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Trinity’s Business Development Director, Alan Richmond OBE, takes a look at the reasons behind Armed Forces week and why it’s important we mark it.

Armed Forces week culminates with Armed Forces Day on Saturday 26 June and this period gives the opportunity to show your support for the men and women who make up the Armed Forces community. This community is made up of serving personnel, veterans, reservists, and all the Service families and cadets around the country. Within Armed Forces week we also recognise Reserves Day (Wednesday 23 June) which is an opportunity for the country to recognise our Reserve Forces, which are made up of those who volunteer to serve in our Armed Forces in their spare time whilst holding down other careers.

But why do we need to show support for our Armed Forces community? We are not at war – combat operations in Iraq and Afghanistan ended years ago so the Armed Forces are not doing much at the moment, right? Wrong! The Armed Forces are constantly vigilant helping to protect us all so that we may get on with our lives in peace.
The Royal Navy constantly protects our territorial waters and sea lanes that carry 95% of our goods (and critically, 80% of our food) and a large Carrier Strike Group is now on its way to the Indian Ocean. The Royal Navy has intercepted major drugs shipments and also assisted with hurricane relief across the Caribbean last September.
The Army is heavily committed to keeping other threats at arm’s reach through its deployments to deter Russian aggression into the Baltic States, and training Iraqi and Afghan forces to counter extremist insurgencies. The Queen’s Dragoon Guards, along with the Royal Anglian Regiment, has just deployed troops as the British contingent of the UN Peacekeeping Mission in Mali.

The Royal Air Force is permanently scanning our skies for threats, and as well as maintaining the security of our own airspace is currently also policing NATO airspace from Romania and Chinooks from RAF Odiham are supporting French forces in Mali. The RAF has also supported humanitarian and disaster relief operations.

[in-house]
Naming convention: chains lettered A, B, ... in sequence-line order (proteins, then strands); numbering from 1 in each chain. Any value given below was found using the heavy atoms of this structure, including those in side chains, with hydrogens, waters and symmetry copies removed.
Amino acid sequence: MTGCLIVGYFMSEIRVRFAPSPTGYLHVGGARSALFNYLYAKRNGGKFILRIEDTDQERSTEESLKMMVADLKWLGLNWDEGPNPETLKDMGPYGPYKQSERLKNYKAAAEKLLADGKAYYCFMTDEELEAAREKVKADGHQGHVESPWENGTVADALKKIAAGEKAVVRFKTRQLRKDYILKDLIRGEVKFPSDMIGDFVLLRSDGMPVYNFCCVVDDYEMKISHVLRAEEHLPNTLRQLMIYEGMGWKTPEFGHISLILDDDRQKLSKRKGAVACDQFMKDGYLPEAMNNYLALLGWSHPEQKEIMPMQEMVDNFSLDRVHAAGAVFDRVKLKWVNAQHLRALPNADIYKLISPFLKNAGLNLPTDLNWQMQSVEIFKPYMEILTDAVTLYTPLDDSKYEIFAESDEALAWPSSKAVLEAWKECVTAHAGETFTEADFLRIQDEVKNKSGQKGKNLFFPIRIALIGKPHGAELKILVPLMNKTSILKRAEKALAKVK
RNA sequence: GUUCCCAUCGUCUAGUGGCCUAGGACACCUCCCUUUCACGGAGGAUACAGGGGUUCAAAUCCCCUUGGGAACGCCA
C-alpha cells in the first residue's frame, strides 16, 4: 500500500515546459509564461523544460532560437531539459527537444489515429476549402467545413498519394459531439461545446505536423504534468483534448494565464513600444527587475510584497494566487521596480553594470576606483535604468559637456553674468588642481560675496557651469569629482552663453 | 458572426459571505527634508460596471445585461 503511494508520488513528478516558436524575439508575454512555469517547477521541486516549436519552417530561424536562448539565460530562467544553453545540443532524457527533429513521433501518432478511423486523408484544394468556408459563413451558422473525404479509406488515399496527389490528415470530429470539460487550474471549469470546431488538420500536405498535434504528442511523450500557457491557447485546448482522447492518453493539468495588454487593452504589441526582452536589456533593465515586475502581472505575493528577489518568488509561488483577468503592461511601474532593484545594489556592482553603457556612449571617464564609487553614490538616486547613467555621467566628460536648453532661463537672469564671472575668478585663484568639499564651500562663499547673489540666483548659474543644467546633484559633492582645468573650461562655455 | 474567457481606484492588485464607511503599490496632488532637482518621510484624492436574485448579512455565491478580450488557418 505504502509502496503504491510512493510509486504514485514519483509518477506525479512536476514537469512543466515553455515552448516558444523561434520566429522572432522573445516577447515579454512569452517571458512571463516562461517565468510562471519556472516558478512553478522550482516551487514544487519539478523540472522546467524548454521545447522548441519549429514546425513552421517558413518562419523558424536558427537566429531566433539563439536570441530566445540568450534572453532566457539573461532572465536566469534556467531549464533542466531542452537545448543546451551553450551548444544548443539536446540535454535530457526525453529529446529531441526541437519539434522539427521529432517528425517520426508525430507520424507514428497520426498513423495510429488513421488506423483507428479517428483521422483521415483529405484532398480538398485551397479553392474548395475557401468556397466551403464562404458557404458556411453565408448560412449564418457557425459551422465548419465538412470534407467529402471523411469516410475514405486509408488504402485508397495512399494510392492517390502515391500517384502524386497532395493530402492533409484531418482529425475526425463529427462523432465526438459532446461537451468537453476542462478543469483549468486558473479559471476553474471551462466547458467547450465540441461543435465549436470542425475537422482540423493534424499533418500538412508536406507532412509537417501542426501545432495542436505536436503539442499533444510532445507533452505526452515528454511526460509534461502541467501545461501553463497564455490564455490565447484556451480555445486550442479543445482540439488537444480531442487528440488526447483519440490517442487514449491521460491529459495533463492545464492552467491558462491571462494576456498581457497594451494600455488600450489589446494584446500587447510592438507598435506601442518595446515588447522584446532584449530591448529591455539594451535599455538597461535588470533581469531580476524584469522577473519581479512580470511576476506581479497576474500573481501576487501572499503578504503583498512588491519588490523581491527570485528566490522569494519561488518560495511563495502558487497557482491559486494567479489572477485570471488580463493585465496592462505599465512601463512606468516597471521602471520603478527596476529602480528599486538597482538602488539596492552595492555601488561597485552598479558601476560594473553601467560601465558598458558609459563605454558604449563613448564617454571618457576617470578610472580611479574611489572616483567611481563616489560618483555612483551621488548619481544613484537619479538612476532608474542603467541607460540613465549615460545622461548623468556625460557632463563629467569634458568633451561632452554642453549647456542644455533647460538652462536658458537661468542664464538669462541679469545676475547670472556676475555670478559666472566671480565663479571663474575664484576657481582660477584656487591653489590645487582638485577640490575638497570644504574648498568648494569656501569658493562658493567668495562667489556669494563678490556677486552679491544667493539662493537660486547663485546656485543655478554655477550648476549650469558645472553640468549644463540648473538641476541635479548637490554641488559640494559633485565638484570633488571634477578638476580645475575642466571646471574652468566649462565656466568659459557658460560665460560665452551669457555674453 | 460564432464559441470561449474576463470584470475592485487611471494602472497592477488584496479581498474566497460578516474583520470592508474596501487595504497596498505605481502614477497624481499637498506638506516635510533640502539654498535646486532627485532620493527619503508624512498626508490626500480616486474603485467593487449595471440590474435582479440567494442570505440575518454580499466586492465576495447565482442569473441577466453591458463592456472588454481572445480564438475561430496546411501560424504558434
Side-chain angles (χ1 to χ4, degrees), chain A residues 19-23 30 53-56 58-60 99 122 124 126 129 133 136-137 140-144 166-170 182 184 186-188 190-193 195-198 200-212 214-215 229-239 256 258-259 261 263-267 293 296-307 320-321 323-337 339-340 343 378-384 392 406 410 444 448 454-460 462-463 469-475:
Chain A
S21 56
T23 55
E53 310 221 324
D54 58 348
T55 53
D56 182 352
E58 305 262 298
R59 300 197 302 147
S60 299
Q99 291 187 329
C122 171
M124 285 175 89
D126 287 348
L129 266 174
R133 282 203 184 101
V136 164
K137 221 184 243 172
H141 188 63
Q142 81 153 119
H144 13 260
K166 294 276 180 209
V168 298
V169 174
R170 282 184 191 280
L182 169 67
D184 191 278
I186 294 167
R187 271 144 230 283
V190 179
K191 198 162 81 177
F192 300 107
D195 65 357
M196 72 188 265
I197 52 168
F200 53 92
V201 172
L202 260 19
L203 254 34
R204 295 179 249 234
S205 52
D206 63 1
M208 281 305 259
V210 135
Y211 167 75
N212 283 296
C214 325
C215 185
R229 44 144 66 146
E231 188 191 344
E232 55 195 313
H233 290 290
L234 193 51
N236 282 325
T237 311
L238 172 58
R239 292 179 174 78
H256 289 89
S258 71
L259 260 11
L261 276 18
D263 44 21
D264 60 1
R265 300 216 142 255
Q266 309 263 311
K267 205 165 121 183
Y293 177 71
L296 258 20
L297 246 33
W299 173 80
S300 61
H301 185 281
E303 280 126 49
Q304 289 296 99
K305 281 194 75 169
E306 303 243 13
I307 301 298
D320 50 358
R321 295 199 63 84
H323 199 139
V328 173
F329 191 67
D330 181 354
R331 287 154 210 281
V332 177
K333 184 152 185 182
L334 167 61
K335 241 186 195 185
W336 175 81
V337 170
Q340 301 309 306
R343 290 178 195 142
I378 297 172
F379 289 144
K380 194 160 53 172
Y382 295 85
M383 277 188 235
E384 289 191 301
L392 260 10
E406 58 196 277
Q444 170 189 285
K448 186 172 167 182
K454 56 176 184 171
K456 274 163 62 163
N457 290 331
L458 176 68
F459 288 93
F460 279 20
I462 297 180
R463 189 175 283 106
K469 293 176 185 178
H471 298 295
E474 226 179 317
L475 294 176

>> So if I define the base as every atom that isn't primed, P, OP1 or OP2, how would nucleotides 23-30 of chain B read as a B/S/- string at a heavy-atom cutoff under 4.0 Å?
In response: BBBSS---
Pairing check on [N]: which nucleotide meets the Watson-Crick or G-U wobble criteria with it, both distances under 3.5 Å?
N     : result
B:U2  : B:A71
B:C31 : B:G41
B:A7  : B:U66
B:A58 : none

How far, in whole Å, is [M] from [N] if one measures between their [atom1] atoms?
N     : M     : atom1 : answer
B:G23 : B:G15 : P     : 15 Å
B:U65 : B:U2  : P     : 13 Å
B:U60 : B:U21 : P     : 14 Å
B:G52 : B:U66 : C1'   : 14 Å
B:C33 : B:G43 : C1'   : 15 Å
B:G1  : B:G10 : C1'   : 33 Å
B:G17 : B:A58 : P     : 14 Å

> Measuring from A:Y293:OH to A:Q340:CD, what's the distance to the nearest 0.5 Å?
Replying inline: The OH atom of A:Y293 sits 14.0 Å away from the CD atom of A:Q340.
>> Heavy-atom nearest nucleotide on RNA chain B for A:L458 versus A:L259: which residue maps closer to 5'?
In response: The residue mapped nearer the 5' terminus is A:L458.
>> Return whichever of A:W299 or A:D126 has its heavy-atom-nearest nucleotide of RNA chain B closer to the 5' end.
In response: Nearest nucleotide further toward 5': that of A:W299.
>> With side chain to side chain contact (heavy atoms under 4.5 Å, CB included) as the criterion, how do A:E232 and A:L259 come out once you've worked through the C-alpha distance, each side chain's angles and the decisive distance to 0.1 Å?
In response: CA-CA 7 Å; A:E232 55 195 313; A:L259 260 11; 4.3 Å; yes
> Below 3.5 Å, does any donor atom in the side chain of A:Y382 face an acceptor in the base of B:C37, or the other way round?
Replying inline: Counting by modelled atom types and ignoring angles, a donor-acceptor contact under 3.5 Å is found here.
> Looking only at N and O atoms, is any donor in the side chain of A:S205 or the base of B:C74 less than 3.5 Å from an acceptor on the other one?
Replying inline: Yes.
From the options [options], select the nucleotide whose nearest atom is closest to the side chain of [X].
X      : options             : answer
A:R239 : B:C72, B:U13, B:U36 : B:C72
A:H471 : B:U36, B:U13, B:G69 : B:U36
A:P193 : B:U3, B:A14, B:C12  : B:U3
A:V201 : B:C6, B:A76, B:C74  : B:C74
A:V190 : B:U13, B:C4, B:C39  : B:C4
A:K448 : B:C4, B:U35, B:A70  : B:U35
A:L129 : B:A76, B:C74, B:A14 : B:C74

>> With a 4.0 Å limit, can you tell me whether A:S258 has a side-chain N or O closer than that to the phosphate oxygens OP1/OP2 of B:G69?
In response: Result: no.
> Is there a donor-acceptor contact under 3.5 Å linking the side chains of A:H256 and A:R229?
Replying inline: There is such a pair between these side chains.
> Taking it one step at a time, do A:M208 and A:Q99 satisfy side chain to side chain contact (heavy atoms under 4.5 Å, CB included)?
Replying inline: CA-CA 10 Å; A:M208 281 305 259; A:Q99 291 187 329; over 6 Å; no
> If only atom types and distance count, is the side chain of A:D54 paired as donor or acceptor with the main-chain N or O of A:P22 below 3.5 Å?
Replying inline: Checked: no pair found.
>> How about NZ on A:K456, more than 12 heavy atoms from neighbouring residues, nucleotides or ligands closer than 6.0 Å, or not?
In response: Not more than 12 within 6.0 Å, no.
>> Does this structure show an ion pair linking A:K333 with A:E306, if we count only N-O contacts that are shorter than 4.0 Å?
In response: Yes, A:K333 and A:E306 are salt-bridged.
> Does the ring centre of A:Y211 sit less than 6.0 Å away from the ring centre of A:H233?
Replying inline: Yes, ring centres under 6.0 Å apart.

And, of course, when there is a national emergency – who do you call? The Armed Forces. Throughout the pandemic, the Armed Forces have provided significant support to the national effort, from driving Ambulances in Wales, to airlifting medical supplies around the Highlands, to building NHS Nightingale hospitals, and even administering vaccines.

It was the Armed Forces’ support over Christmas in testing hauliers trying to cross into Europe that kept the nation’s trading life blood flowing and Armed Forces doctors and nurses gave much needed extra capacity and expertise to the NHS’s response to COVID-19.

Logistical planners have supported councils rolling out testing programmes. Drivers, engineers and musicians have been deployed to support testing sites, and many more. Mobile Testing Units were a military innovation and the Armed Forces have also been supporting the transport of supplies, testing kits, PPE and vaccines, to our overseas territories, including the Caribbean, Ascension and Falkland Islands. They also supported the repatriation flights at the start of the pandemic by bringing British citizens home from across the world where they were stranded.

Behind each of those headlines will be personal and family sacrifices – short notice deployments that disrupted family plans, empty places at Christmas, missed birthdays, and extended deployments due to the need to quarantine before and after unbroken six months deployments. There is a lot to be thankful for.

Let’s be grateful for those who step forward and volunteer to serve to protect our values, our way of life and all those things we hold dear.
Let’s also be thankful for their families whose lives are often affected by the fact that service often takes priority over everything.
Let’s also be grateful for our veterans, whose service has helped protect our freedoms and who continue to make such a valuable contribution to the British economy and society. And, let’s also appreciate the Cadet Force Adult Volunteers who devote their time to develop those young people who have seized the amazing opportunity of membership of our Cadet movements. Their efforts help shape the better citizens of tomorrow, by instilling values and qualities into members of the younger generation that help them achieve more.

As a business, Trinity is committed to the Armed Forces Community. As a gold award holder of The Defence Employer Recognition Scheme (ERS) which encourages employers to support Defence and ensure business values and policies align with the specific needs of the Armed Forces Community, it’s something Trinity commits to every day. There are specific HR policies for reservists, the business supports flexible working for spouses of serving personnel, and the Armed Forces community is at the heart of everything Trinity does as a business. This goes above and beyond the core offering of insurance specifically for the military.

Everyone at Trinity will take a moment this week to demonstrate support for the Armed Forces community.

Photo credit: ©UK MOD Crown Copyright 2020

Written by Trinity Insurance